Can an object storage system function as primary storage? The general assumption is that primary storage is the fastest storage you can get to support important applications such as online transaction systems where response time is critical, and object storage is too slow.
Object storage supplier MinIO takes a different view: that MinIO is primary storage.
CMO Jonathan Symonds made the case for this extraordinary assertion in a blog post. He started out by widening the definition of primary storage. “It seems that for some, primary storage equals workloads that are run on SAN or NAS. Needless to say, that is a ridiculous definition. … The fact of the matter is that the definition of primary storage is the data store on which your application runs. That means your database, your AI/ML pipeline, your advanced analytics application. It also means your video streaming platform or your website.”
He asserts that “In the public cloud, object storage is almost always primary storage. AWS EMR, Redshift, Databricks, Snowflake, BigQuery all run on object storage and have since Day 1. That makes object storage primary storage for those workloads (and thousands more).”
But Symonds conveniently forgets that AWS also has its Elastic Block Store (EBS) “for data that must be quickly accessible … EBS volumes are particularly well-suited for use as the primary storage for file systems, databases, or for any applications that require fine granular updates and access to raw, unformatted, block-level storage.” AWS also supports primary file steerage with cloud-native FSx for ONTAP.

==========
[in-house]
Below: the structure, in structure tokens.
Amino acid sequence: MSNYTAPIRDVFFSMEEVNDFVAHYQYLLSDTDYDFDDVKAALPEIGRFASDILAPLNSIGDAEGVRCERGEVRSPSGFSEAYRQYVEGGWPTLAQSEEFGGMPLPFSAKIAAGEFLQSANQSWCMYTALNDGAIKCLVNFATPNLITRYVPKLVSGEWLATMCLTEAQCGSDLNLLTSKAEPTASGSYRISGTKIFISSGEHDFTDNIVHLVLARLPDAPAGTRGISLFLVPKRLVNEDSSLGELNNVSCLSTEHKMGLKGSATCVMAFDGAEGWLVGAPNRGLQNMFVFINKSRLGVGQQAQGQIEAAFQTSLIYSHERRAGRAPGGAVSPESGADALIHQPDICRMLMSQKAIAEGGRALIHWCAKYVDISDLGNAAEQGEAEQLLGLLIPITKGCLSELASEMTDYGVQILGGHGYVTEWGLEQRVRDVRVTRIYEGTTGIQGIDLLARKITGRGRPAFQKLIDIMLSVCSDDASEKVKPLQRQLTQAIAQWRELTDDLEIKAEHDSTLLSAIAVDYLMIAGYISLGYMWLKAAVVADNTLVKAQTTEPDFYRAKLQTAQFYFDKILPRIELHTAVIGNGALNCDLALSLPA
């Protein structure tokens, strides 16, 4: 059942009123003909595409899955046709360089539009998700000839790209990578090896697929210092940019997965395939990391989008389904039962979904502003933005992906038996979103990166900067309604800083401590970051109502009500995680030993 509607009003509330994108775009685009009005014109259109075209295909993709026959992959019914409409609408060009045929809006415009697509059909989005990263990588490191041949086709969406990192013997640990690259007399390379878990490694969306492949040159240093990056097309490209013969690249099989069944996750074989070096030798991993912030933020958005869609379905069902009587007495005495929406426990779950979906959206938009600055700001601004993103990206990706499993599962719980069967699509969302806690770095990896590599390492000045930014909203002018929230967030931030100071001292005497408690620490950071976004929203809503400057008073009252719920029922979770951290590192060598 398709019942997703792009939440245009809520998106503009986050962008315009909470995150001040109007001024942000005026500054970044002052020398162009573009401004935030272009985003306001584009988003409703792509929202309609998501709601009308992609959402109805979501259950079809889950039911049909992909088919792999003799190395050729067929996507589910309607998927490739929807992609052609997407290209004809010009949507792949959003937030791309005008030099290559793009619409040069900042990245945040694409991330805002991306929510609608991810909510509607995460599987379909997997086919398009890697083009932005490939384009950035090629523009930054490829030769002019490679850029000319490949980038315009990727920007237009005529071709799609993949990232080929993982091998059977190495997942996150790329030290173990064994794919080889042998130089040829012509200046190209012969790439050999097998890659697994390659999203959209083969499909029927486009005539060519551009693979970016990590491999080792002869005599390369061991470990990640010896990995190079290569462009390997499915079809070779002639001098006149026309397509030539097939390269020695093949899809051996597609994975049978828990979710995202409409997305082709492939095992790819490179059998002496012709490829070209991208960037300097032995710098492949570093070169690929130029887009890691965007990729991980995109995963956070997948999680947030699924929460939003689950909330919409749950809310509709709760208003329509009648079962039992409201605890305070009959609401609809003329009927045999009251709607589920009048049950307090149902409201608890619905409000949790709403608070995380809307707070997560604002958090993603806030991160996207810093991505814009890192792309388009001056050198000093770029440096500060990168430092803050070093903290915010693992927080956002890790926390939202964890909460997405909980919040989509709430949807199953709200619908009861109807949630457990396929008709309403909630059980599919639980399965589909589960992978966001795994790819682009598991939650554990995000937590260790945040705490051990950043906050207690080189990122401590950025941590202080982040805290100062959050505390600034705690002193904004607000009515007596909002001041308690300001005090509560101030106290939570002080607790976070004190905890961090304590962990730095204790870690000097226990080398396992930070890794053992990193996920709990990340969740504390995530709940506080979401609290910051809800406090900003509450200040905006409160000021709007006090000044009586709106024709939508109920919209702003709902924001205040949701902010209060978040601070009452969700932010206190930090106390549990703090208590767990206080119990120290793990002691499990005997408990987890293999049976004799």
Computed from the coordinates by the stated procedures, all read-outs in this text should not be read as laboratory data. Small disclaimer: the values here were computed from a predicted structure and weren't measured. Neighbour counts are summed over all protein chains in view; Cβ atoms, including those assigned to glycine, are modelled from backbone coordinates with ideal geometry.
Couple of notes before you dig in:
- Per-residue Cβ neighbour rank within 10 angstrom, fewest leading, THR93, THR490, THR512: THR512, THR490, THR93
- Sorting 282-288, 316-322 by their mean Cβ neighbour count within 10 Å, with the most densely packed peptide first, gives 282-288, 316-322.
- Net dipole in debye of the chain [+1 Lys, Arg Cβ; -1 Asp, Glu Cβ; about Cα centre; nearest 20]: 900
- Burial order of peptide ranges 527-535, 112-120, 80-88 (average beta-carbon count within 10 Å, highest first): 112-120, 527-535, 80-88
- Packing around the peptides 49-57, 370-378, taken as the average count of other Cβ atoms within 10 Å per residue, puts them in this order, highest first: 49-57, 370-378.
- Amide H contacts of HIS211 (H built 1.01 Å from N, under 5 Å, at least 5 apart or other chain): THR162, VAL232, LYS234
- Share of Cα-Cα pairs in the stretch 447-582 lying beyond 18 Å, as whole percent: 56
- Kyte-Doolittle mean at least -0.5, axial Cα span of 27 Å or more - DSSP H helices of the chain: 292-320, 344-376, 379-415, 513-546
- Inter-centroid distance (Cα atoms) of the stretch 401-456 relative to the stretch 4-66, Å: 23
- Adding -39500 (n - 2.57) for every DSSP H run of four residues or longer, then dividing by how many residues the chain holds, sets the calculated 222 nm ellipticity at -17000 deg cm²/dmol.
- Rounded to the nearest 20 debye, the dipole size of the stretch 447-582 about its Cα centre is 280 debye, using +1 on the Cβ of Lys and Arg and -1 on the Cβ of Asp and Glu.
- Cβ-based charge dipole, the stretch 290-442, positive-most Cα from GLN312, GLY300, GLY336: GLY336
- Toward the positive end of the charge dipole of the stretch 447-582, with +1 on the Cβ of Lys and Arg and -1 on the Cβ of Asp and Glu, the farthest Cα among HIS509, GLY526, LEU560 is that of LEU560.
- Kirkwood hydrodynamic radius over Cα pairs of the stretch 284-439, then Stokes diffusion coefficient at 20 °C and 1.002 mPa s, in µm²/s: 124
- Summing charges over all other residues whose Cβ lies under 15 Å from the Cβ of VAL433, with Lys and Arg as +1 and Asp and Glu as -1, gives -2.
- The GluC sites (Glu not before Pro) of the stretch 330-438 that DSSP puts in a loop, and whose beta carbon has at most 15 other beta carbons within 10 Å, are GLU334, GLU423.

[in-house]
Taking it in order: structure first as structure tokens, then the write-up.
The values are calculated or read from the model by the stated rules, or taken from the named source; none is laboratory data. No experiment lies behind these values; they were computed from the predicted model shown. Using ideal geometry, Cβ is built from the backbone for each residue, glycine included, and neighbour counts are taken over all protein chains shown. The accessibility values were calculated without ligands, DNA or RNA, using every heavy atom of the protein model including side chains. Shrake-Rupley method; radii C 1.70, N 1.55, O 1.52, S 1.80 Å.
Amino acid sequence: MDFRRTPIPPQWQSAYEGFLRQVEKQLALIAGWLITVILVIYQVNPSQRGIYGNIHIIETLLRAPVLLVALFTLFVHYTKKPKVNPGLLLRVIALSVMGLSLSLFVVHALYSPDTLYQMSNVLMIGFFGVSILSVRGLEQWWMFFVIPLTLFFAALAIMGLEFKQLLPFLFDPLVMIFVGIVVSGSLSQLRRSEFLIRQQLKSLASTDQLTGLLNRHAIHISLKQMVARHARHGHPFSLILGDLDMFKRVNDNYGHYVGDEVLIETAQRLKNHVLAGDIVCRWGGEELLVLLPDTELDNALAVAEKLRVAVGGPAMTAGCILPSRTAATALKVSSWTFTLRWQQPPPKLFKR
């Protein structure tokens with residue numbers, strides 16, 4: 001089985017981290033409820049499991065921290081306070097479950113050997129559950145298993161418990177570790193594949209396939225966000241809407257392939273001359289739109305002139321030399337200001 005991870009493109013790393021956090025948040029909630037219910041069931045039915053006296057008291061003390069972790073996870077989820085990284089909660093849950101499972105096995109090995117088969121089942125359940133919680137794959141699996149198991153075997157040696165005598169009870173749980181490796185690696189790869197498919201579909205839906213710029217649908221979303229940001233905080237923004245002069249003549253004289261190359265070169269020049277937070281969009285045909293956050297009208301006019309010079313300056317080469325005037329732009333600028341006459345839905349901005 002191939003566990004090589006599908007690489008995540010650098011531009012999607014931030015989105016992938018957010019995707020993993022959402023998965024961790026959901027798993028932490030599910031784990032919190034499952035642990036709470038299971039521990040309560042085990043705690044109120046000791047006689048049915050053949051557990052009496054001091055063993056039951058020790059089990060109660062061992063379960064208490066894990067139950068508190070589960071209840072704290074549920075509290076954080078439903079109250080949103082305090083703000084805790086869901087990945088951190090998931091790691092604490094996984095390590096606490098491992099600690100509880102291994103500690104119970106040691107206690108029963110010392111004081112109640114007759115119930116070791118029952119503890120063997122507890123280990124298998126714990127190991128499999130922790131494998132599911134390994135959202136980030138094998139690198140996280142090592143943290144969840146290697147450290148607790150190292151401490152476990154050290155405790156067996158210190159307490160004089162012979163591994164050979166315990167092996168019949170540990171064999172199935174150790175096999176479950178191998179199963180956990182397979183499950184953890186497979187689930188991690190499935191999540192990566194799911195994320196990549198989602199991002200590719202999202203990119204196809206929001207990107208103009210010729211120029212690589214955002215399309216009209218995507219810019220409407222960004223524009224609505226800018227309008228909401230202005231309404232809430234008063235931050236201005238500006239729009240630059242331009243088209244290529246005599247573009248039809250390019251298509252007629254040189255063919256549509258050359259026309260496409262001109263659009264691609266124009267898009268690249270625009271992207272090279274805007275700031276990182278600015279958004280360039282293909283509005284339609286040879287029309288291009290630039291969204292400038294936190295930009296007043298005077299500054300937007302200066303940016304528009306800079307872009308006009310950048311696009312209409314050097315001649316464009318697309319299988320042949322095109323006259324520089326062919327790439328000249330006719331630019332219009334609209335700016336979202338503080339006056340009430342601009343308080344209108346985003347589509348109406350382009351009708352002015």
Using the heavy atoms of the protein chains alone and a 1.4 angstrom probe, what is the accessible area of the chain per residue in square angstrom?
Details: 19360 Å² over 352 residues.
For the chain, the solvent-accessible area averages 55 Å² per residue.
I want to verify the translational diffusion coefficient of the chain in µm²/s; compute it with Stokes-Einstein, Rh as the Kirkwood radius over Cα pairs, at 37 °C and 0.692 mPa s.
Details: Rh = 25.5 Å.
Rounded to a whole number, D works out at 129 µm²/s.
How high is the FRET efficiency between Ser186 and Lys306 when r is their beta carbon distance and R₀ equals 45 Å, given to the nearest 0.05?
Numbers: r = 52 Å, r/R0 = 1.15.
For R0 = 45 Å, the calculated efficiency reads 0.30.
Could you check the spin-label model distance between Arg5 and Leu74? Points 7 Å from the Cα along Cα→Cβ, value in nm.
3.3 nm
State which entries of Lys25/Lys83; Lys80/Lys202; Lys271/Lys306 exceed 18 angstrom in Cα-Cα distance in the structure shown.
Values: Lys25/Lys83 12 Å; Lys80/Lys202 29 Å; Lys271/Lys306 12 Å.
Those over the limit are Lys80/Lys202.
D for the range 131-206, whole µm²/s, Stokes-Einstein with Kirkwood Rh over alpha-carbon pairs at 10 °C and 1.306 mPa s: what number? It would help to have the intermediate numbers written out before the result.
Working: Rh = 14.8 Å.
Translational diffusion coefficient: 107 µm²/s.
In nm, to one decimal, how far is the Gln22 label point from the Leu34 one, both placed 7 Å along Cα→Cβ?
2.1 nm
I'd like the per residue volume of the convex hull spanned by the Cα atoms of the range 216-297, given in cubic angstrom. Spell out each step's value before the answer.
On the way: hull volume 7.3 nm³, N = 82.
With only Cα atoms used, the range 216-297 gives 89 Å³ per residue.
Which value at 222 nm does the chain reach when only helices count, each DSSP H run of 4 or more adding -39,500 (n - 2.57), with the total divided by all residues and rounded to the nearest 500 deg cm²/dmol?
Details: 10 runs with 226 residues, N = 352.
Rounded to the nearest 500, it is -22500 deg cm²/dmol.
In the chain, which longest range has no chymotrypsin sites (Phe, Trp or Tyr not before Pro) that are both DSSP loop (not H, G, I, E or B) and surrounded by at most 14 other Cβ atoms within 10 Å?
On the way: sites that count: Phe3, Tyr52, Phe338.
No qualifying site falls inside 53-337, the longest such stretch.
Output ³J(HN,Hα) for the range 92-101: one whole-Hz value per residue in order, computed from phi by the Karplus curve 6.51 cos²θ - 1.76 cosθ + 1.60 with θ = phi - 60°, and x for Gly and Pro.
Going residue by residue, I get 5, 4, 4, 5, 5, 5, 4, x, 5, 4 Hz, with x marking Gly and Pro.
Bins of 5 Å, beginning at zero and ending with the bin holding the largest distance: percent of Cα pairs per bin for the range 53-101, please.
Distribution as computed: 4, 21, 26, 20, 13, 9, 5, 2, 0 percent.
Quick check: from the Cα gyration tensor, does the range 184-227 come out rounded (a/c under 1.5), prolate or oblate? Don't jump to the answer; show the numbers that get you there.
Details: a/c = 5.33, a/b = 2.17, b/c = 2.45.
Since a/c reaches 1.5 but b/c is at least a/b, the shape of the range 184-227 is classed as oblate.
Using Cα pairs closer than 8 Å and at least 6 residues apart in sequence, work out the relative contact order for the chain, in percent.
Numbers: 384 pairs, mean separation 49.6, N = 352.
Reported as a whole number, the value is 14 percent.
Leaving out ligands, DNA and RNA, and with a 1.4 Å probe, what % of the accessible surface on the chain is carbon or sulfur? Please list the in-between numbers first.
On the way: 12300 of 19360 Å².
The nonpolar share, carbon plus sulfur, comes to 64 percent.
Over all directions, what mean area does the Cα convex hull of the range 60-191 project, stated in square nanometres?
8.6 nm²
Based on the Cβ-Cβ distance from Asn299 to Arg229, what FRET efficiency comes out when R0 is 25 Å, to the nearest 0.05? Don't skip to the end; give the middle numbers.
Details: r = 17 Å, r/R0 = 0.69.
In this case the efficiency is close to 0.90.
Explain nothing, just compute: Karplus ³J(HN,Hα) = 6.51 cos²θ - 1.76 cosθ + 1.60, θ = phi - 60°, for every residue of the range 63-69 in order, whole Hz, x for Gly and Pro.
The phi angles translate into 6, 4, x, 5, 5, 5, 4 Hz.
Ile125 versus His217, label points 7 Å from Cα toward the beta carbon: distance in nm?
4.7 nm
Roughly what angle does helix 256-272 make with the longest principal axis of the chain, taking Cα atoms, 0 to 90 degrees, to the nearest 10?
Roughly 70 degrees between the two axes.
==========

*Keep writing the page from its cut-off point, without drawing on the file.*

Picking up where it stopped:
AWS does not specifically define S3 object storage as primary storage, but it does say “Amazon S3 offers a range of storage classes designed for different use cases. For example, you can store mission-critical production data in S3 Standard for frequent access” – which supports Symonds’s point of view.
However he then confuses things even more, asserting that AWS S3 is priced as primary storage. “Object has ALWAYS been primary storage on the public cloud and remains so today. The cloud providers ensure this by pricing file at 13x and block at 4.6x the cost of object.” But that means primary storage is the primary choice because it is low cost – not because it is more performant than block or file storage.
Then Symonds says VMware sees object storage as primary storage. “When VMware announced Tanzu, did they have any SAN/NAS vendors in the announcement? No. It was all object storage. Did they expect that Tanzu would only deal with ‘secondary’ storage? Of course not. Do they understand the enterprise better than anyone else? You can make a strong argument for that case. VMware sees object storage as primary storage.”
Let’s just remind ourselves that Tanzu also contains vSAN – VMware’s block storage – and that Tanzu’s object storage is MinIO. Symonds is hardly a disinterested observer here.
He sums his argument up by claiming “The same goes for RedHat OpenShift, HPE Ezmeral, SUSE Rancher. Every one of them sees object storage as primary storage. That is not to say they don’t also think of SAN/NAS as primary storage – they do, they just recognize that those technologies are legacy when it comes to the cloud. They all recognize that the future is … wait for it … primarily object storage.”
So SAN and NAS are dead and objects are the future, says an object storage supplier with speedy software who ignores AWS block (EBS) and file (FSX for ONTAP) as well. Until AWS stops supporting EBS and FSx for ONTAP, or promotes S3 over them, we can’t say object storage is AWS’s primary storage. Not in the way database and other applications using block as well as file storage define primary storage.